Running is no Respecter of Origins

At the GoGo Running All-Area High School Banquet, Dr. Wm. Richard Kremer spoke. We thought it was so powerful that it deserved a blog post. This the third post in a series of seven. Be ready to be inspired by his words:

Third, Running is No Respecter of Origins. I say that because many runners labor under an inferiority complex. Oh, they think, I run for a small school, or I’m from a small town, or I’m not very well known among the highly-touted runners of the state, or I don’t have access to the best training techniques or facilities.

Listen, speed can come from anywhere. Stamina knows no area code. You may be a small town kid, but that doesn’t mean you don’t have big-time talent. I remember well a cold, blustery March day in 1976 when I was starting my outdoor season at some podunk track amidst an insignificant event known as the Morehouse Relays, held at tiny Morehouse College in Atlanta. I happened to look up during the 400 meter intermediate hurdles and saw this tall, gawky black kid clearing the hurdles somewhat awkwardly down the backstretch – awkwardly, but with plenty of raw speed in between barriers. This tall, gawky unknown black kid won the race handily – and he kept winning every race I saw him run that year, including the Olympic gold medal.

His name? Edwin Moses, who went on to become one of the most dominant runners the track world has ever seen. No matter who you are or where you’re from, speed can come from anywhere – for Running is no respecter of origins.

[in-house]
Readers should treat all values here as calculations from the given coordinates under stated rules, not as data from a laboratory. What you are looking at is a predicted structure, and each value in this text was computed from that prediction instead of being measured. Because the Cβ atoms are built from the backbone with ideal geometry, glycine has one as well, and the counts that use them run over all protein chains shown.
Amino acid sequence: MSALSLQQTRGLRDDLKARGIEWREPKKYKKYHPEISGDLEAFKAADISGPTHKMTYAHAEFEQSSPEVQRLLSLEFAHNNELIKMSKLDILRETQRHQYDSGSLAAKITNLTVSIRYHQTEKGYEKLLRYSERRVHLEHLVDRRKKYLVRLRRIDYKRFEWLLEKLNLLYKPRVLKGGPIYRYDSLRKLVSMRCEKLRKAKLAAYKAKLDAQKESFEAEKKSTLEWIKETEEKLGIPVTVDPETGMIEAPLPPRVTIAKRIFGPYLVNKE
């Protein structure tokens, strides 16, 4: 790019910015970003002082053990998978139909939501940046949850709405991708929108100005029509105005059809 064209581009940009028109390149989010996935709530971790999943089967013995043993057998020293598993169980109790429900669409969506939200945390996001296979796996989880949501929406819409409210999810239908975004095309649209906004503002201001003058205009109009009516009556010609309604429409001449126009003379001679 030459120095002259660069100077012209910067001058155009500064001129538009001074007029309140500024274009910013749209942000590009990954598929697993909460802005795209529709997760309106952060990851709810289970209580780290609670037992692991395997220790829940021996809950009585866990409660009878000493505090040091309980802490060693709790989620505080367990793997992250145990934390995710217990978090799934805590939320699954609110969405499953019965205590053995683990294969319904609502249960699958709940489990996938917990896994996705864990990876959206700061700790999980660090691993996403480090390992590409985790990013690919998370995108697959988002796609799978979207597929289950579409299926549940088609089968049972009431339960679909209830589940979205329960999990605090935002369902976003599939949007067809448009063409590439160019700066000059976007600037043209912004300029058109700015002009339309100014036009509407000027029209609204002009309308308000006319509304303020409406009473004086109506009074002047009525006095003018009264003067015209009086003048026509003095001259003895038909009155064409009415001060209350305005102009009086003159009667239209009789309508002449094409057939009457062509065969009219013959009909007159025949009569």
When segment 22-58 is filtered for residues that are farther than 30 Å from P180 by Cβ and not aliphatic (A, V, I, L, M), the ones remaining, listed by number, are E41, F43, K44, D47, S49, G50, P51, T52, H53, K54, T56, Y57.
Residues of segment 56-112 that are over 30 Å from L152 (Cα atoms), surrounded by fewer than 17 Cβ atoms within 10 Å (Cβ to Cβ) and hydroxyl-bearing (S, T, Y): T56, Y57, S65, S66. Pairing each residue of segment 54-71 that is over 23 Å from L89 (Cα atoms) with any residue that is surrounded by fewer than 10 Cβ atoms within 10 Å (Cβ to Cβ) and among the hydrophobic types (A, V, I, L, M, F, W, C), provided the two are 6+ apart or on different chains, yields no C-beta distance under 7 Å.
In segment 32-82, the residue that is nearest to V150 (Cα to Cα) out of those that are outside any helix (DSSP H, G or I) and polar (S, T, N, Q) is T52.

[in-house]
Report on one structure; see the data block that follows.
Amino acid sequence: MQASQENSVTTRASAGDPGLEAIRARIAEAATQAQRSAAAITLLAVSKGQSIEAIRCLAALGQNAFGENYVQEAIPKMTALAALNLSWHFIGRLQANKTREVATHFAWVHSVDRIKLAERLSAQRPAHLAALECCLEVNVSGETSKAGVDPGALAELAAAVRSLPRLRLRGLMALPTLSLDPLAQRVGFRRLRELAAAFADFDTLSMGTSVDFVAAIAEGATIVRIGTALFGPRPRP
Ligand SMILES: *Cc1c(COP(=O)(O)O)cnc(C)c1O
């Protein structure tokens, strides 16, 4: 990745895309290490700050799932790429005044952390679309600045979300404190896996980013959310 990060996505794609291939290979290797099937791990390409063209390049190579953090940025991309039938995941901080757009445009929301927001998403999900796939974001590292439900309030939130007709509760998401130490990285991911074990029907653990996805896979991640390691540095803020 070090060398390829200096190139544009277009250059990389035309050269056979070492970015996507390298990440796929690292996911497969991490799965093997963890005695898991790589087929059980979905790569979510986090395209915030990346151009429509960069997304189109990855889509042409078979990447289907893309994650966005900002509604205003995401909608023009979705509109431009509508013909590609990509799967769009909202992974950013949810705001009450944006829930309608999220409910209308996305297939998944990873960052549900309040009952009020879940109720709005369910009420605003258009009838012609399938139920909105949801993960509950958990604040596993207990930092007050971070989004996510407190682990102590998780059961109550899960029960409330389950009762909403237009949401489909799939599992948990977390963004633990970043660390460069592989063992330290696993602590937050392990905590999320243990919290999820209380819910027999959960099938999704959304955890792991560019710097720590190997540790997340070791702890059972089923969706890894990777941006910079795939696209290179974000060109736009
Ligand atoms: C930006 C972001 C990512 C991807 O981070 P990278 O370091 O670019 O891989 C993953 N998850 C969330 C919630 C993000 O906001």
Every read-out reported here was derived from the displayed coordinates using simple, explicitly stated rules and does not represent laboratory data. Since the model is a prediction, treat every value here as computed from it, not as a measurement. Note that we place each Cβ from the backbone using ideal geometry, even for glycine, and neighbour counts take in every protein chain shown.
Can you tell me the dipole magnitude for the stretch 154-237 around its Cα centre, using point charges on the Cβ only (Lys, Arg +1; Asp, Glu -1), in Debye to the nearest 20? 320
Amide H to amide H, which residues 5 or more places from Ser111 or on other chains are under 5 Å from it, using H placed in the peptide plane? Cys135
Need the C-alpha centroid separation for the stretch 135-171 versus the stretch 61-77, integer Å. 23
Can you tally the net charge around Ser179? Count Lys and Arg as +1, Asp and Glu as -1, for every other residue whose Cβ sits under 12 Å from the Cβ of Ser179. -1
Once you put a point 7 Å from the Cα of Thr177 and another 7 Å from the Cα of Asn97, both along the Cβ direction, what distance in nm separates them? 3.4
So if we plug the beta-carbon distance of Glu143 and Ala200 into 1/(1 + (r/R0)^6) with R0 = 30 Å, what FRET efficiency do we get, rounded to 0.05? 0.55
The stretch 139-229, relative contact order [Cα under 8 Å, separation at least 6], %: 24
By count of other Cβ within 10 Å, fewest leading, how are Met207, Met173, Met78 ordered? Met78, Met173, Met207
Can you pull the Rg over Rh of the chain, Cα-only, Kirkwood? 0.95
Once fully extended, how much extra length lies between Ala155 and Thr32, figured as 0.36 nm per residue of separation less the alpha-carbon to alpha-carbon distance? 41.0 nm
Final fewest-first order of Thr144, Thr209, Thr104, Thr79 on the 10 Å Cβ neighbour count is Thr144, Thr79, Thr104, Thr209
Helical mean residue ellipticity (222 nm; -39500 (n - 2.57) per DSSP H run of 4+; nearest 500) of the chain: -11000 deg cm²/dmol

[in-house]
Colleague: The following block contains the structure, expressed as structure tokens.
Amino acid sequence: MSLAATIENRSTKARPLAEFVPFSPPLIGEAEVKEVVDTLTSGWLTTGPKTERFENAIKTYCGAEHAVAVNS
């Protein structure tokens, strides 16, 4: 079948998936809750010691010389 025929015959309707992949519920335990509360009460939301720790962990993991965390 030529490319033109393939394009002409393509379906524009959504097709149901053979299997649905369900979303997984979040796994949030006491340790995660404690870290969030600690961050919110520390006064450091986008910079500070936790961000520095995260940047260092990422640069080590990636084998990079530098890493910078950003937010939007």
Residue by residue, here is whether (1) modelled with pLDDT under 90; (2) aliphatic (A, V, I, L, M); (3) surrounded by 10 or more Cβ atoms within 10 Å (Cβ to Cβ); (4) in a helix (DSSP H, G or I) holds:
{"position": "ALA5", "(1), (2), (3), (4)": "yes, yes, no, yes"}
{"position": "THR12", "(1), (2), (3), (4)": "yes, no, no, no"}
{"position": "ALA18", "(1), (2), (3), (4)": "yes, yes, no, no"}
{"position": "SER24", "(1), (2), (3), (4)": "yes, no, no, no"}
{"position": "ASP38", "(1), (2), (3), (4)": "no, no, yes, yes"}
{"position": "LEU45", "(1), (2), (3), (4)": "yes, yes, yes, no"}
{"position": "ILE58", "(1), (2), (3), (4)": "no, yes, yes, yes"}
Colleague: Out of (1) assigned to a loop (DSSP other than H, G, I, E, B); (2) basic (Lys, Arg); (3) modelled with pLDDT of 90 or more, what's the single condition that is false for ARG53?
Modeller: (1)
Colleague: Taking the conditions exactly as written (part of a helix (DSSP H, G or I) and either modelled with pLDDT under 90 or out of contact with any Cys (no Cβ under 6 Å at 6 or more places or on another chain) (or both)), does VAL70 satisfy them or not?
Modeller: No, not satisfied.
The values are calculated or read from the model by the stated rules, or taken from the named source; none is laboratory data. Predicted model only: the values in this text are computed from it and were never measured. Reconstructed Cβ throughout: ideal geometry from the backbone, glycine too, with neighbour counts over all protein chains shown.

Running is…

Dr. Wm. Richard Kremer, is currently the pastor of Garden Lakes Baptist Church in Rome. Dr. Kremer has spent most of a lifetime involved in track and field as a participant and coach. He would characterize himself presently as a “very slow recreational runner.”

Dr. Kremer was the indoor 440 champion of the state of Alabama in 1973 and was part of the Jefferson Davis High (Montgomery, Ala.) team that finished that year undefeated. He received a full track scholarship to the University of Georgia, where he competed in a variety of cross country and track events.

He placed fourth in the SEC Championships of 1974 and 1975 in the 600 yard dash, setting a school record of 1:11.5 that stood for many years. A summa cum laude graduate, Dr. Kremer was inducted into Phi Beta Kappa and nominated for the Rhodes Scholarship.

Upon graduation with a double major in English and History, Dr. Kremer attended the Southern Baptist Theological Seminary in Louisville, Kentucky, where he earned a Master’s of Divinity and Ph.D. in Systematic Theology. While in Louisville, Dr. Kremer ran for the Mason Dixon Athletic Club, continuing to win local and regional events while working on his Master’s. While running for the Mason Dixon AC, Dr. Kremer was part of a formidable distance medley relay team that included British Olympian Nick Rose.


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